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Night games bring excitement, recruiting advantages to Ohio State football

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Members of the Ohio State football team pose before the Buckeyes' 38-10 victory over Penn State on Oct. 17. Credit: Samantha Hollingshead / Photo Editor

Members of the Ohio State football team warm up before the Buckeyes’ 38-10 victory over Penn State on Oct. 17.
Credit: Samantha Hollingshead / Photo Editor

On Saturday, for the fourth straight season under coach Urban Meyer, Ohio State football played host to a contest under the lights.

The excitement was in the air as usual for Meyer, who has been a proponent of night games since his 2012 arrival in Columbus.

“We love night games … I think I just hear our players talk about it,” Meyer said on the Monday before the 38-10 victory over Penn State.

Meyer appeared to be correct about the atmosphere. 108,423 fans were in attendance in the blacked-out crowd, marking the second-highest attended game in Ohio Stadium history.

Since Meyer’s arrival, the Buckeyes have participated in 11 night games — seven of which were played in the ‘Shoe, where they stand at 6-1 during the Meyer era.

The players echoed their coach’s excitement about the nighttime matchup. Senior defensive lineman Adolphus Washington said it gave him a sense of nostalgia from his younger days.

“It bring you back to your high school days when you used to go out there on Friday nights,” Washington said. “The night atmosphere, it’s just a lot more energetic.”

Sophomore linebacker Chris Worley said there is more opportunity to prepare when a night game is on the schedule, particularly when it comes to rest.

“In early games, you just wake up and it’s all gone from there,” Worley said. “But in a night game, you get your body ready, you get to take a nap or two.”

During Meyer’s time at Utah and Florida, primetime matchups were a regular appointment for his teams because of the warm weather. However, come autumn in the Big Ten, the temperature dramatically drop at night, causing logistical problems for all involved including fans and police.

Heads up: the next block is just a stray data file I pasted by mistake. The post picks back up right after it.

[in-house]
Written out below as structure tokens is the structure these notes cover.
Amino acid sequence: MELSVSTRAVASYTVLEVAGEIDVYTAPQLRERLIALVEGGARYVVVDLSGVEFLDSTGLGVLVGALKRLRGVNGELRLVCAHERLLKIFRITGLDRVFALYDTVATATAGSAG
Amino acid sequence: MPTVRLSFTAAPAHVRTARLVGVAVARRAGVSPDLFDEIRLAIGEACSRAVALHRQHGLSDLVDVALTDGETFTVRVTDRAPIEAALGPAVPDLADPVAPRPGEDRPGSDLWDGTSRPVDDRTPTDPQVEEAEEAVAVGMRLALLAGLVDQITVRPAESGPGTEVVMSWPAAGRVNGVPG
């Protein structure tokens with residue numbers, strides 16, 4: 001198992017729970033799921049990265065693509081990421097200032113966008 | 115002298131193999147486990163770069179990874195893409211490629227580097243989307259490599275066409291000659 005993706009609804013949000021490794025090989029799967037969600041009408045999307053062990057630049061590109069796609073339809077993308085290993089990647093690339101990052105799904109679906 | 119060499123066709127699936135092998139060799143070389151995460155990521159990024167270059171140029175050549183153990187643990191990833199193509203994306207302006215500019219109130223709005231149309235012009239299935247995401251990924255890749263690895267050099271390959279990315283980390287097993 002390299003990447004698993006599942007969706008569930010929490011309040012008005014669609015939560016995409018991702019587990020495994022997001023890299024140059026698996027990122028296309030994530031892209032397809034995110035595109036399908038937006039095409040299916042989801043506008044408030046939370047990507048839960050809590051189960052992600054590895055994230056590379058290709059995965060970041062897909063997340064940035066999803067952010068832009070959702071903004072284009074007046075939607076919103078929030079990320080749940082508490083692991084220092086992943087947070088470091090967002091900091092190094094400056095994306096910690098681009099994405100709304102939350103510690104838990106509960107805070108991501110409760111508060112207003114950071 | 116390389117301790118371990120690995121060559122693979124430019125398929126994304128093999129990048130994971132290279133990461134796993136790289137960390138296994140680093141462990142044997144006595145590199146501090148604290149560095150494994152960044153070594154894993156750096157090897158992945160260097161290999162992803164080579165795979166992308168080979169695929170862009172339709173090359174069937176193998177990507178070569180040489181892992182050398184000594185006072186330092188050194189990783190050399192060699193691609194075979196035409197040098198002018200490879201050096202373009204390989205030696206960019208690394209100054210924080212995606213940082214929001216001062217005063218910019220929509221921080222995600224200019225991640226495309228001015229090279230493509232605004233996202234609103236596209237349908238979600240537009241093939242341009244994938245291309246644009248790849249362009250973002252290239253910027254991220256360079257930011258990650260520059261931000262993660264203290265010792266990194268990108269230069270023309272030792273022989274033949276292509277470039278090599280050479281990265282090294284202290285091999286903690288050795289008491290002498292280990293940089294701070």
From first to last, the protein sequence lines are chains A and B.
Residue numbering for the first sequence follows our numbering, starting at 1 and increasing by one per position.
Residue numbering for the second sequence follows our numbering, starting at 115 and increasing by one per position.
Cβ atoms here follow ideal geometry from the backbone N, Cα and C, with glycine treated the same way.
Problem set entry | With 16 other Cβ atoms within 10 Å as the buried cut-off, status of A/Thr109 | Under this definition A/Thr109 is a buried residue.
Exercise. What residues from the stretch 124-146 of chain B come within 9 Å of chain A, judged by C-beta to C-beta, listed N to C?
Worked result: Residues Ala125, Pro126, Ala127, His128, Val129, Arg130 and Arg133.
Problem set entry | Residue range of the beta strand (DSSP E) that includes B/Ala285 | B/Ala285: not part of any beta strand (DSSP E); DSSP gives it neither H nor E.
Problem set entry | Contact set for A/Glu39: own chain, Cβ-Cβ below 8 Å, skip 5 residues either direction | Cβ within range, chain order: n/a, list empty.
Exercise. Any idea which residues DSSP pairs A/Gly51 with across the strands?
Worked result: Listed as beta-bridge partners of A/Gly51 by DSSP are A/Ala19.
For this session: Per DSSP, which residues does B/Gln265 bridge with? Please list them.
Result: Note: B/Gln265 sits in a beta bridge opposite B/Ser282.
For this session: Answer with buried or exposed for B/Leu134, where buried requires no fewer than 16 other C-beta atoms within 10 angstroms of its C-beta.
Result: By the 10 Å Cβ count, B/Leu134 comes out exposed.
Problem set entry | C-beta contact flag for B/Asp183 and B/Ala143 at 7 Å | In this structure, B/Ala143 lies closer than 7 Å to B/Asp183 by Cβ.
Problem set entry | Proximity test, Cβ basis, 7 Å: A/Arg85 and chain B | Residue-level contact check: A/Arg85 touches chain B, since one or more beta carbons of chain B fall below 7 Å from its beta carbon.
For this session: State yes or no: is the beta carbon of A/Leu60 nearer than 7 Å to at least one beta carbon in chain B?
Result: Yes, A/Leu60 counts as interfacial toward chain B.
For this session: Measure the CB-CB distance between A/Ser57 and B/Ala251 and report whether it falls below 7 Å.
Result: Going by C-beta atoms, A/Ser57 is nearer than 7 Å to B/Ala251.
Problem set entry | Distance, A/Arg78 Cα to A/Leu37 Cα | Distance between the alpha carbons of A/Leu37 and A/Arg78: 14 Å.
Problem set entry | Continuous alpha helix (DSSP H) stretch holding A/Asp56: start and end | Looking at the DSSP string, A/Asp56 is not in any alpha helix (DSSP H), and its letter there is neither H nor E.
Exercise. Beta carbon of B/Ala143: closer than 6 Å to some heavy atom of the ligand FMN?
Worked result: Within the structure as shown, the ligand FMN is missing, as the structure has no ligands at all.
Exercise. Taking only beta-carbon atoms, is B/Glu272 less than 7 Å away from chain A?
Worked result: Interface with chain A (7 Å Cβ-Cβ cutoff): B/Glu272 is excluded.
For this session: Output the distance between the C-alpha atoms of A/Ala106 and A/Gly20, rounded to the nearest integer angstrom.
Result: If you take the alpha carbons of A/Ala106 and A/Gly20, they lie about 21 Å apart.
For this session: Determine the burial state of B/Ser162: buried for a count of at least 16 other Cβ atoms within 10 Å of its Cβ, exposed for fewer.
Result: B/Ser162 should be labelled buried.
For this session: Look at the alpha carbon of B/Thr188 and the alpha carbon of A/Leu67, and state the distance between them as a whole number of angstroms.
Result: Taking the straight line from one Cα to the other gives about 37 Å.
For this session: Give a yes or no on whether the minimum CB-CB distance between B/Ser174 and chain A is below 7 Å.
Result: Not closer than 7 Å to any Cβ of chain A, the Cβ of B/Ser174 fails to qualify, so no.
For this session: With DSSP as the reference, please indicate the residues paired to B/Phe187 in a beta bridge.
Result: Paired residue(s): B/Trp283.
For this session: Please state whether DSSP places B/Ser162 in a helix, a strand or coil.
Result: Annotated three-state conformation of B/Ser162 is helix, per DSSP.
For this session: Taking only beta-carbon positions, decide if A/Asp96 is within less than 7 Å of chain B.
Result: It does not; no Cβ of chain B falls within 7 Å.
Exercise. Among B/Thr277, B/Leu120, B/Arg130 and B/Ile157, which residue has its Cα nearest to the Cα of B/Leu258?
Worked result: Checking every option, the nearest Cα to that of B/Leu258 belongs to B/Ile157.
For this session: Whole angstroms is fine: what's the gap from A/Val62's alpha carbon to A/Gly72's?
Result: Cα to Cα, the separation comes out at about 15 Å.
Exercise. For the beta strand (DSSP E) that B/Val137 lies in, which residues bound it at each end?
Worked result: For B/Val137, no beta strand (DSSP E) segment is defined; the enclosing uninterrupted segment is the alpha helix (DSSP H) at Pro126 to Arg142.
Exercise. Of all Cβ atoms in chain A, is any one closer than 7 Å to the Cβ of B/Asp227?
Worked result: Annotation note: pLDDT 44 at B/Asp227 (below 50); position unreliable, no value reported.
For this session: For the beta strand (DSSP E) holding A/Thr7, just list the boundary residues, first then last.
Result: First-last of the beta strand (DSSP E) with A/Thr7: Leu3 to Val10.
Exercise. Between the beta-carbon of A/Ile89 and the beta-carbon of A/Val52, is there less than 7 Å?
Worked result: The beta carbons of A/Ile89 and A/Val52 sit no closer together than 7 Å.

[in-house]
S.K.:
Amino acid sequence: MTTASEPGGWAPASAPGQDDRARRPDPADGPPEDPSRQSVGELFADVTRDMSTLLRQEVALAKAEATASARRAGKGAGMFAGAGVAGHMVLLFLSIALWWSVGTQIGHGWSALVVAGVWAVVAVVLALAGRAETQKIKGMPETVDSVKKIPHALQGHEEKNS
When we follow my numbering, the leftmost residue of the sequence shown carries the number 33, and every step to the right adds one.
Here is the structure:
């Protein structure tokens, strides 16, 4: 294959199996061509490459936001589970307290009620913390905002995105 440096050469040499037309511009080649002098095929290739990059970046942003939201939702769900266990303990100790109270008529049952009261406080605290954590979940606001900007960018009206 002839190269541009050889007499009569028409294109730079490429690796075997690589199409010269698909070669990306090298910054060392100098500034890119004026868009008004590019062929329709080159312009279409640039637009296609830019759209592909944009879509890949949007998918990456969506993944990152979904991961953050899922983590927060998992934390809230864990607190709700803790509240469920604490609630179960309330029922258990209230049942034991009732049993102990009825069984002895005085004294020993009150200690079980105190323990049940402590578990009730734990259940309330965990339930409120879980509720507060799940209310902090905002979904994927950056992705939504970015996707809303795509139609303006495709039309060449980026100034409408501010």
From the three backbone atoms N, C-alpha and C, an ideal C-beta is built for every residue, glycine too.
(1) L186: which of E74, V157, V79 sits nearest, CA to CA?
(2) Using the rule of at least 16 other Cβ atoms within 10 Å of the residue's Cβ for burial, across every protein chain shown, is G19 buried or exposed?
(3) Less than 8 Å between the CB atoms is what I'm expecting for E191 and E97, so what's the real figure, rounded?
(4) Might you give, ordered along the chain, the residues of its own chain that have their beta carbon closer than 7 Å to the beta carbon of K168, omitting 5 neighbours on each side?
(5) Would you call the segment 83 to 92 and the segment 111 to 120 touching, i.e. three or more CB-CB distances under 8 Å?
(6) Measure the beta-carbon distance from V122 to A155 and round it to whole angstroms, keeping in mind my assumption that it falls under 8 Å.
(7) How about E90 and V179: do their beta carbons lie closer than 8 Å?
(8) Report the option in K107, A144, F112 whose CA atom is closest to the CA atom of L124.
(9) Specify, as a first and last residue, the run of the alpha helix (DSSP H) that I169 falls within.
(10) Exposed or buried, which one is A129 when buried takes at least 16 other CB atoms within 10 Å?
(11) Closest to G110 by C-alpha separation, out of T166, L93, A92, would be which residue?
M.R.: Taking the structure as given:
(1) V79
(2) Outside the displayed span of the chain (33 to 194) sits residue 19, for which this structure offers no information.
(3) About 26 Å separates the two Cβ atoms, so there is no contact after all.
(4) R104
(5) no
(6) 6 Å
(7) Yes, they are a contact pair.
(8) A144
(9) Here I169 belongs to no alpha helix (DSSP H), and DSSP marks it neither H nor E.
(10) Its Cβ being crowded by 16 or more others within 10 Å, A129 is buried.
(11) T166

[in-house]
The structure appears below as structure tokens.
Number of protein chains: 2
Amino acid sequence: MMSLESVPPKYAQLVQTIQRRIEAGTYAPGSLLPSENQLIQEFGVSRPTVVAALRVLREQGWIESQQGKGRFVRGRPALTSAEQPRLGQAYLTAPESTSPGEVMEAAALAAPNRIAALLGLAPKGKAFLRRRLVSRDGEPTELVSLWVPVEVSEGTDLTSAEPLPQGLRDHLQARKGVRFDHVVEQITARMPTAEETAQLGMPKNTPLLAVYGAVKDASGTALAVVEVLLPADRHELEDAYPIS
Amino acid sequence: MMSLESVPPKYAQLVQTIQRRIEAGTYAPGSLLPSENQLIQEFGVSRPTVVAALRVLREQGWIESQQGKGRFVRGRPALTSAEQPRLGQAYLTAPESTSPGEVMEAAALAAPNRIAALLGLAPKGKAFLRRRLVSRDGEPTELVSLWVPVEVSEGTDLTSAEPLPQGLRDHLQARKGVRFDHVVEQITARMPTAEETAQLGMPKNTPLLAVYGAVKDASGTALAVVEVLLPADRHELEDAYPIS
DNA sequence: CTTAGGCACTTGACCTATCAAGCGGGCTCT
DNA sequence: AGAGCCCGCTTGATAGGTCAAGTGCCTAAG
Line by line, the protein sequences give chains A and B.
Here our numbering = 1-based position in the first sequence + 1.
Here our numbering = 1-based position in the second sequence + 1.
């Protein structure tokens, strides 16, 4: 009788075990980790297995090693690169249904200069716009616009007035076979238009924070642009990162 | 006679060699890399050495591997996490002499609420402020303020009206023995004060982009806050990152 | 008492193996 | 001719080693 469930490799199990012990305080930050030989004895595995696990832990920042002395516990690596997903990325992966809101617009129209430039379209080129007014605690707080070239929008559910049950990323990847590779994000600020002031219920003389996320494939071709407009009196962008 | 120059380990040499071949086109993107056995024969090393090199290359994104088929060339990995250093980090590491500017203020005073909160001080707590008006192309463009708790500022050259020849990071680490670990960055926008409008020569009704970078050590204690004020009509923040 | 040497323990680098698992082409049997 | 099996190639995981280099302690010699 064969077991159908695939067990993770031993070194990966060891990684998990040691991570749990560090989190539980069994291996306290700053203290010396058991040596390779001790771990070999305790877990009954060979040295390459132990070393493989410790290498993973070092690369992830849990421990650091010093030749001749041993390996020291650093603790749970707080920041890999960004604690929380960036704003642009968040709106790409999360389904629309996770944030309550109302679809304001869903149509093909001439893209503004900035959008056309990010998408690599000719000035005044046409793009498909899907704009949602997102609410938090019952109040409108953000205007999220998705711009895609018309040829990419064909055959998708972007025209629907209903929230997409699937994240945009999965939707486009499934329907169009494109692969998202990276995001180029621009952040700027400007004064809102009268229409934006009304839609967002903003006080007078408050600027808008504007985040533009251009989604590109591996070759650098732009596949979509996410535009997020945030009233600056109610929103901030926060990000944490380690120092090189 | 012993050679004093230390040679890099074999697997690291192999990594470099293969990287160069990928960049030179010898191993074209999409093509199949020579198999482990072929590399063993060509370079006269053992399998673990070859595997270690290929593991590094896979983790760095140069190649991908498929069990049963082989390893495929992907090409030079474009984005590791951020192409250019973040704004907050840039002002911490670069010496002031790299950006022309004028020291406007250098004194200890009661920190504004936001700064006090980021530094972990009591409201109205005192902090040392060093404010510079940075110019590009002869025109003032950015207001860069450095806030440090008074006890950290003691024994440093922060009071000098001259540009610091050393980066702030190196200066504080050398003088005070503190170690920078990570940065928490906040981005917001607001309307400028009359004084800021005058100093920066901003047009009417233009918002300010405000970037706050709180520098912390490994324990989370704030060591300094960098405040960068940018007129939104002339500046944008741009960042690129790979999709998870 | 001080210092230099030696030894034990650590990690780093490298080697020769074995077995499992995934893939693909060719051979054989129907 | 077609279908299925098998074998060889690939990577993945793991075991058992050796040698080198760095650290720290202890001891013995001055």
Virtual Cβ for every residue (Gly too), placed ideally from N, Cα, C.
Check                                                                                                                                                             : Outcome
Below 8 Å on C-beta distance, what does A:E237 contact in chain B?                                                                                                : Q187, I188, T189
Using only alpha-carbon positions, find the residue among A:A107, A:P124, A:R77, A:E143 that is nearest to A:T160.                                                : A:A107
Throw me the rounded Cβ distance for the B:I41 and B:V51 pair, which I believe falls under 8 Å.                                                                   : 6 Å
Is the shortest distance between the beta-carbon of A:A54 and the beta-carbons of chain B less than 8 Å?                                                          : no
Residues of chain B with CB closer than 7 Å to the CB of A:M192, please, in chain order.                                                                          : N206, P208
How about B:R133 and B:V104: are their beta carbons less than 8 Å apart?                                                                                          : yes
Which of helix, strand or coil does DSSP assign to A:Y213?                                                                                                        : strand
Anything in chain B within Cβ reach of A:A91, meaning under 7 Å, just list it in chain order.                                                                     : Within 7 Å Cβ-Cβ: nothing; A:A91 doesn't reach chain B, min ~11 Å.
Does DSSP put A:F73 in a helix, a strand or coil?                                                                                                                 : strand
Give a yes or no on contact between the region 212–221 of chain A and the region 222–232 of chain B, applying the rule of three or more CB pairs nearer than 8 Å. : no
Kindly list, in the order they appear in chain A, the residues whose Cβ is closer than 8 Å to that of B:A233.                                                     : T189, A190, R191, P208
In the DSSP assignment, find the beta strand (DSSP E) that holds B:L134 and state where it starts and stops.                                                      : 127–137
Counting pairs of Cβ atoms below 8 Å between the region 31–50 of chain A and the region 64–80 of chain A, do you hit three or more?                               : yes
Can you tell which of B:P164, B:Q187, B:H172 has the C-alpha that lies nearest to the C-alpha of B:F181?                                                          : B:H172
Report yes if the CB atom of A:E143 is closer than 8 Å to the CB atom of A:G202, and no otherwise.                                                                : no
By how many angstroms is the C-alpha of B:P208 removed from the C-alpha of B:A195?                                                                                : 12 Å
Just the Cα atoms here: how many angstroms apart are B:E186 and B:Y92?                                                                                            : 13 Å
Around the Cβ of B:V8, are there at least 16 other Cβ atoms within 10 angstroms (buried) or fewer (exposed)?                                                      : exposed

Safety wise, the OSU Department of Public Safety took extra measures to ensure the night went smoothly.  

Assistant vice president and director of public safety Vernon Baisden said in accordance with the night game, additional light towers were placed on campus and east of High Street. The Student Safety Service officers were also offering extended hours for their escort service that began at 3 p.m. instead of the usual 7 p.m.

OSU debuted its much-anticipated black uniforms that were first discovered by the public on Meyer’s coffee table when ESPN did an “inside the office” feature.

Though the pictures were left out on his table, they were not intended to be publicized — but fans grabbed the small detail and ran with it.

“That was sitting out on his coffee table for a reason,” OSU athletic director Gene Smith said on Monday. “That wasn’t for you guys to come and look at so he could impress you. It’s sitting on the table because the recruits saw it.”

Sophomore linebacker Raekwon McMillan said Meyer showed him an early design of the black uniform during his recruiting process.

“When he brought in the uniform, he was trying to impress me,” McMillan said.

On Saturday, the Nike alternative pants, jersey and black matte helmets were on full display to impress the nine recruits in attendance.

Playing under the lights and in front of the blacked-out crowd was a good mix to attract the potential future Buckeyes in attendance, including the No. 5 wide receiver in the 2016 class and current Miami (Fla.) commit Sam Bruce of Fort Lauderdale, Florida.

“If I was them I would be pumped. That environment is unbelievable, and especially with those black jerseys,” senior defensive lineman Tommy Schutt said.

Another notable recruit standing on the sidelines was No. 7 running back Antonio Williams of New London, North Carolina, who decommitted from Wisconsin earlier in the week. If the Buckeyes are able to convince Williams to hop the fence over to Columbus, it would fill the hole that was expected to be filled by Ohio native and No. 10 athlete in the country George Hill, who decommitted from OSU earlier in the week.

Through recruiting or just feeling an extra burst of energy throughout the game, Schutt said games played at night add value to the contest.

“Being in a stadium like this at night is just a special place and the crowd is jacked up,” Schutt said. “There’s definitely something different about playing a night game here.”

The Buckeyes are next set to face off with Rutgers in Piscataway, New Jersey, on Oct. 24.

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